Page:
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Gerard - The Ruins Of A Glass Fortress CD (album) cover

THE RUINS OF A GLASS FORTRESS

Gerard

 

Neo-Prog

3.74 | 44 ratings

From Progarchives.com, the ultimate progressive rock music website

Gatot
Special Collaborator
Honorary Collaborator
4 stars It seems like you have to collect all of their albums!

In my review of the Gerard's "Pendulum" (1996) album I put this statement to start my write-up:

I don't know whether it happened accidentally or not but for sure the music of Gerard - if I can tell you in a nutshell - is very similar with its counterpart from Japan: Ars Nova. Influence-wise both are similarly influenced by ELP and Triumvirat. While Ars Nova is very focus on Keith Emerson center of ELP music, Gerard is more towards emphasizing the symphonic side of ELP / Triumvirat. Gerard has more sense for melody as opposed to rapid-fire keyboard solo. However, you may hear segments with multi-layered keyboard textures combined with simple solo. Awesome. That's the overall picture about Gerard. But, talking about this album - when you listen to it at first spin, the music will ring you a bell on something you may have heard before: it's like a combination of Pendragon, Marillion, and ELP / Triumvirat. With the voice line by western vocalist Robin G. Suchy, the band can remove the Japanese- English dialect. Now, I think you have a complete picture about the music of Gerard.

In this "The Ruins Of A Glass Fortress" album which was released four years later (2000), the music of Gerard is consistent. I can conclude that they have been very happy with the direction of music they have taken. Having known this two albums, I conclude that I have to have all albums of Gerard. Why? The music of Gerard really fit my taste! As simple as that. But, does it fit your taste? I really do not know. If you love ELP or Rick Wakeman "Six Wives of Henry VIII" I would guarantee you would enjoy this album as well, and presumably other albums of Gerard. This album impresses me even from the start of the album which delivers a very dynamic movement through changing styles and tempo, pondering your pulse to pump your adrenalin flow faster. Well yeah .. the first two tracks "Labyrinth (Musťa Version)" (4:38) and "The Edge Of Darkness" (10:30) do bring good memory on the beauty of Rick Wakeman's "Six Wives of Henry VIII" where all the instruments involved contribute dynamically to the music. Keyboard moves in rapid-fire speed while drumming is also very dynamic, supported with tight basslines that make the compositions sound great to my ears.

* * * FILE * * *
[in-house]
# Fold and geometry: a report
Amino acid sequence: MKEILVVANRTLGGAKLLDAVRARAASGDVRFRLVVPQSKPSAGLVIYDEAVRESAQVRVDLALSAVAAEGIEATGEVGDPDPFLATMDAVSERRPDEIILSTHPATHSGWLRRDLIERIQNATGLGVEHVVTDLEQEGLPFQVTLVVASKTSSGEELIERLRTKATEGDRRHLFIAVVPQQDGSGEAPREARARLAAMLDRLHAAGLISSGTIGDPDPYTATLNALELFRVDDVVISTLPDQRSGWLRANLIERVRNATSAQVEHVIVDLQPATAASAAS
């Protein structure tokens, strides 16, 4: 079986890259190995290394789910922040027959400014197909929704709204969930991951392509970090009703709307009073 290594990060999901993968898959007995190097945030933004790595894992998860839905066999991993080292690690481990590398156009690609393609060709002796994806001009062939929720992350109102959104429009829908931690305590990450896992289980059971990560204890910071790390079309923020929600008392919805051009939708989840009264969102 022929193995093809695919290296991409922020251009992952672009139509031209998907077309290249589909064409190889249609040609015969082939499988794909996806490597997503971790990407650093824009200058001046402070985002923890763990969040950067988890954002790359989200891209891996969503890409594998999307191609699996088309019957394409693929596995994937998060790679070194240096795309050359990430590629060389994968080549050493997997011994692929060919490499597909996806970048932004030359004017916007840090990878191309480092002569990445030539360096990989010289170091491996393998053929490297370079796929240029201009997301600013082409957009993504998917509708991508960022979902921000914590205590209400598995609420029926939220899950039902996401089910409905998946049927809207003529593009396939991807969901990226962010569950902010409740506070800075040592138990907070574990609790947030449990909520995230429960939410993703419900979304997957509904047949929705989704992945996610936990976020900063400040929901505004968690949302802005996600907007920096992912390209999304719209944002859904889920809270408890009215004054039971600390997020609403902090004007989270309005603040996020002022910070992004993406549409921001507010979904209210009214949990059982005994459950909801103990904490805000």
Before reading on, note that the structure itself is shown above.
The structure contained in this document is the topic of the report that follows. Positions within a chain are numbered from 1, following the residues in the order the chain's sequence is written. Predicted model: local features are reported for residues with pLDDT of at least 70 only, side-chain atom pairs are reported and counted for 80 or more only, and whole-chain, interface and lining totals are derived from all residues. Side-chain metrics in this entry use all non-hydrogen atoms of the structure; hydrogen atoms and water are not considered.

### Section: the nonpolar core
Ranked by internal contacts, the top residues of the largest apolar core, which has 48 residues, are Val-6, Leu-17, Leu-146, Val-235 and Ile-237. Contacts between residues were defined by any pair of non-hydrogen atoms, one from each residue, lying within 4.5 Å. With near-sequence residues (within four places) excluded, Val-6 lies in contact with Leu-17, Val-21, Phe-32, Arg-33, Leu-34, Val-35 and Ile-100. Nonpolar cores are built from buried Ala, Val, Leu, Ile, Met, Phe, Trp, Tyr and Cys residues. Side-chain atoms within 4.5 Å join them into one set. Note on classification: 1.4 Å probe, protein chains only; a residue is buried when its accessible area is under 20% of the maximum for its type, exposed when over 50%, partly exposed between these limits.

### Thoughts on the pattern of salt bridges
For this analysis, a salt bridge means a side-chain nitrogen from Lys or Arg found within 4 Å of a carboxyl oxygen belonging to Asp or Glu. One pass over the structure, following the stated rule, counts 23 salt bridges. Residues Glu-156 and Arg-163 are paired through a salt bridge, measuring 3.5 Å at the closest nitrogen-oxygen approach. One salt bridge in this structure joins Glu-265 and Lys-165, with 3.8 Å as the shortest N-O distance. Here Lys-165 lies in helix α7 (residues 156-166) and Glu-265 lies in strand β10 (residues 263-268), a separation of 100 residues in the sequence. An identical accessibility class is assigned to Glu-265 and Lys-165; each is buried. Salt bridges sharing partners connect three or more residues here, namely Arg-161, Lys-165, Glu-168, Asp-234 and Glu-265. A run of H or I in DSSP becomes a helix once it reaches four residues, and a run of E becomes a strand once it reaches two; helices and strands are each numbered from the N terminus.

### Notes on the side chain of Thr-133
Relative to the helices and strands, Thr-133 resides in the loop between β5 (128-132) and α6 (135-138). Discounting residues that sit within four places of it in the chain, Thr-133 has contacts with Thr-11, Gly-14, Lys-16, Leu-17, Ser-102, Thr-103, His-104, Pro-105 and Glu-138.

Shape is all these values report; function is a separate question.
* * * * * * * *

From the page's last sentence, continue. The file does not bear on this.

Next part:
It does not mean that only two tracks that really good from this album, because the track with vocal like "Time Paradox" (5:12) still maintain the dynamics of the music. Oh man . you should not miss this band, I tell you straight from my heard! In fact, right now I am listening through my Sennheiser PX-100 headphone system, the work of the bass guitar is really mind-boggling! Superb! Having known these three tracks only, actually it's justifiable to purchase this album. Other tracks are also excellent. The peak is really when we reach the album title track which comprises two tracks in which both of them are excellent.

Do not waste your time, just purchase this album soon! It's really worth it to have this album. Keep on proggin' ..!

Peace on earth and mercy mild - GW

Gatot | 4/5 |

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